Could have blamed it on the spellchucker, or alien mindrays, or any number of "they bastards" altering your post along the way.

        2. Lord_Beavis
          Joke

          @AC

          " the resent study"

          That typo has crept in several times recently.

          The spelling for something that has happened in the not too distant past is "recent",

          "re-sent" is "to have dispatched something again"

          "resent" is the feeling of objecting to something said or done.

          Maybe we should "resent" that study...

      2. PNGuinn

        @ tony72

        I fully agree that the train's attitude to a drone would have been something like "Ok punk - make my day!"

        I do, however have some concern for the safety of the driver and fireman. Those footplates are open, are they not? Quite funny if the thing flew right into an open firebox - very unfunny if one of the crew got it in the face. Especially if as a result someone left the footplate with the train at speed.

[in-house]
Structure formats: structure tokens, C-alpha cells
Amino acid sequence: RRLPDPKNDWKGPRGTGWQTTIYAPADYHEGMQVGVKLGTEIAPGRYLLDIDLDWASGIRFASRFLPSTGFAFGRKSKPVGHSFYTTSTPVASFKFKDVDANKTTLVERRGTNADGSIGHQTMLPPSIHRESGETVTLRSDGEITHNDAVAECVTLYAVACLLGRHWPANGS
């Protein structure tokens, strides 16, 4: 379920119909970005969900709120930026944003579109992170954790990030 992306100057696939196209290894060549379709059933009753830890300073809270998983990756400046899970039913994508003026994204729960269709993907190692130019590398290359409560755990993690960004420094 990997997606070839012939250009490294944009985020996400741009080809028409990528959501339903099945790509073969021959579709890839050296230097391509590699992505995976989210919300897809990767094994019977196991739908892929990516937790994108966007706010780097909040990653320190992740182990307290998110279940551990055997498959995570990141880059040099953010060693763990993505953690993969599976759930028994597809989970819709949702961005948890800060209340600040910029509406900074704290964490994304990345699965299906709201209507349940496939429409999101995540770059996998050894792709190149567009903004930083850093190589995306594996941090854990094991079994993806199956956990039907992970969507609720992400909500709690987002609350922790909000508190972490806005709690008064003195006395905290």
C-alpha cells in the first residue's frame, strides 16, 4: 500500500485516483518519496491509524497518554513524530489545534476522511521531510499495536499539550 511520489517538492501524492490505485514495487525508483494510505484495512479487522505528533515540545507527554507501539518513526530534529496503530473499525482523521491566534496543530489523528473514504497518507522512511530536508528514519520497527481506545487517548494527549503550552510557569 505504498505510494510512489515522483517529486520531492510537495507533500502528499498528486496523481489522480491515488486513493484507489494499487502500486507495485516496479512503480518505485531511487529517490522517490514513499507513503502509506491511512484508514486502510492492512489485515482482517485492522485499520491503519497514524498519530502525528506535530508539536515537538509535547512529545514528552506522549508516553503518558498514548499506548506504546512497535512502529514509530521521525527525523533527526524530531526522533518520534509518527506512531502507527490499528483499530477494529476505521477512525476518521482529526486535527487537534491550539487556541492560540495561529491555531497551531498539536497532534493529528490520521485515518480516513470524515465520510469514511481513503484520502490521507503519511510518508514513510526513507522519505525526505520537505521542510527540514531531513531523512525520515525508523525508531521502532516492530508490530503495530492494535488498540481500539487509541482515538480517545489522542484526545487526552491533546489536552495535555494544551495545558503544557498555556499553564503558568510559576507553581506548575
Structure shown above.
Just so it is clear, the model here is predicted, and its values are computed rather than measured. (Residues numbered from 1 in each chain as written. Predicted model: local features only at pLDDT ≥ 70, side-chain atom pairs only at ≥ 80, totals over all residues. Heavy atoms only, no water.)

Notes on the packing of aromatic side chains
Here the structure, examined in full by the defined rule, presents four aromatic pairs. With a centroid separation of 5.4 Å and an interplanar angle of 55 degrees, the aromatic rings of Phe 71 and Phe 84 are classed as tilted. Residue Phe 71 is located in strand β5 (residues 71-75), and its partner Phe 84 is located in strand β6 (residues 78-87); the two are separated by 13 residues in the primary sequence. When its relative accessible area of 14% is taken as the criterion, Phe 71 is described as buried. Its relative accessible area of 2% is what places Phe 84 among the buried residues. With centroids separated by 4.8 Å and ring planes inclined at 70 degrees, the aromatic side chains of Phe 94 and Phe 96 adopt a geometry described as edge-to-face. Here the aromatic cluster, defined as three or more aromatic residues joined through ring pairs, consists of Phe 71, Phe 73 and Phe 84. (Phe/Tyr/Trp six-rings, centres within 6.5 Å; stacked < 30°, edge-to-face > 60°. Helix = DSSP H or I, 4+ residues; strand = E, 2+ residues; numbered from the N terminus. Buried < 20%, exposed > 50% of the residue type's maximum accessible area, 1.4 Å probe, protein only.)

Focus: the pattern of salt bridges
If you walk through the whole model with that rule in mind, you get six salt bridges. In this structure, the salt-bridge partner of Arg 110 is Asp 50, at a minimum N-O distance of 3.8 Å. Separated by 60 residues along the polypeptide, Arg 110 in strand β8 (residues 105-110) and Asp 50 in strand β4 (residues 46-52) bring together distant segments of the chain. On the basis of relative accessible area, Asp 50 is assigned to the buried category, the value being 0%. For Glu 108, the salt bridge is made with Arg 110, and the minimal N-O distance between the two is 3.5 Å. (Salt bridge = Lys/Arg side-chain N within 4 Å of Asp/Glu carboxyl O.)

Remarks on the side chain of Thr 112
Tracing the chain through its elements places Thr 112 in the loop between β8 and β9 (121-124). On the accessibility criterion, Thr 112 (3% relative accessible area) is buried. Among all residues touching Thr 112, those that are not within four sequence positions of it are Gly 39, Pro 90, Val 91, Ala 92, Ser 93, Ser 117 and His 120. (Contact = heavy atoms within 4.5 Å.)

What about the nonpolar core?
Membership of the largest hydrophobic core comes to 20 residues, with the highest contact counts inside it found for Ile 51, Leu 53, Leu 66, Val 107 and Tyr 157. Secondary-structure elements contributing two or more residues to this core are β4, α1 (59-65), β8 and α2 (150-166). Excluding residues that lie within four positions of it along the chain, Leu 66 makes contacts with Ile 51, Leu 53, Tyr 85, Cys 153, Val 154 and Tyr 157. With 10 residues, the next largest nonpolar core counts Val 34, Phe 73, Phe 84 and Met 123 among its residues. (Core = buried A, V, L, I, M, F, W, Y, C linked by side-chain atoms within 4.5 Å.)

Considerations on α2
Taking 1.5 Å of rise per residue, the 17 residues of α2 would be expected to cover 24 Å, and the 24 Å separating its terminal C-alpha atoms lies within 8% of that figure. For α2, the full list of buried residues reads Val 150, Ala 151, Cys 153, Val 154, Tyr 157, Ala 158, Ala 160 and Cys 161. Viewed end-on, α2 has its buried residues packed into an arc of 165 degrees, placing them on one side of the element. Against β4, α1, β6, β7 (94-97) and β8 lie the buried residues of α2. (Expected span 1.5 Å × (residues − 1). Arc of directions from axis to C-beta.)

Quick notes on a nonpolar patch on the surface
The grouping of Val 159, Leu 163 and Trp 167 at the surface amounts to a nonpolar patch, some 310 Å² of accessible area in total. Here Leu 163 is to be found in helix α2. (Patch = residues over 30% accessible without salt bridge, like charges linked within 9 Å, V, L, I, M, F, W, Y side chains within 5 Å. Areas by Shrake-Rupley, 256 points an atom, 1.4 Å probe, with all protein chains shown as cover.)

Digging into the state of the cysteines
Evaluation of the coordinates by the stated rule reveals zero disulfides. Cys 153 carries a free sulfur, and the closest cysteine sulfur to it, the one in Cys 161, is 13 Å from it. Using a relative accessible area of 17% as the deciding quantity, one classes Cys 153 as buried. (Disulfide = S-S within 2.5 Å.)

3. JimC Silver badge

        > Be unlucky if the drone managed to chip the paint.

        You do not want to get into a discussion with the more extremely enthusiastic type of railway enthusiast about paint. Just trust me on this. OK?

    4. Steve Evans

      Unfair fight...

      Mr. Prosser: Do you know how much damage this bulldozer would sustain if I just let it roll over you?

      Arthur: How much?

      Mr. Prosser: None at all.

      1. Mpeler
        Coat

        Re: Unfair fight...

        Ahh, but the headaches, and the men on horseback with spears charging in the background...

        (and the flying Scotsmen with bagpipes droning on ... oh, wait)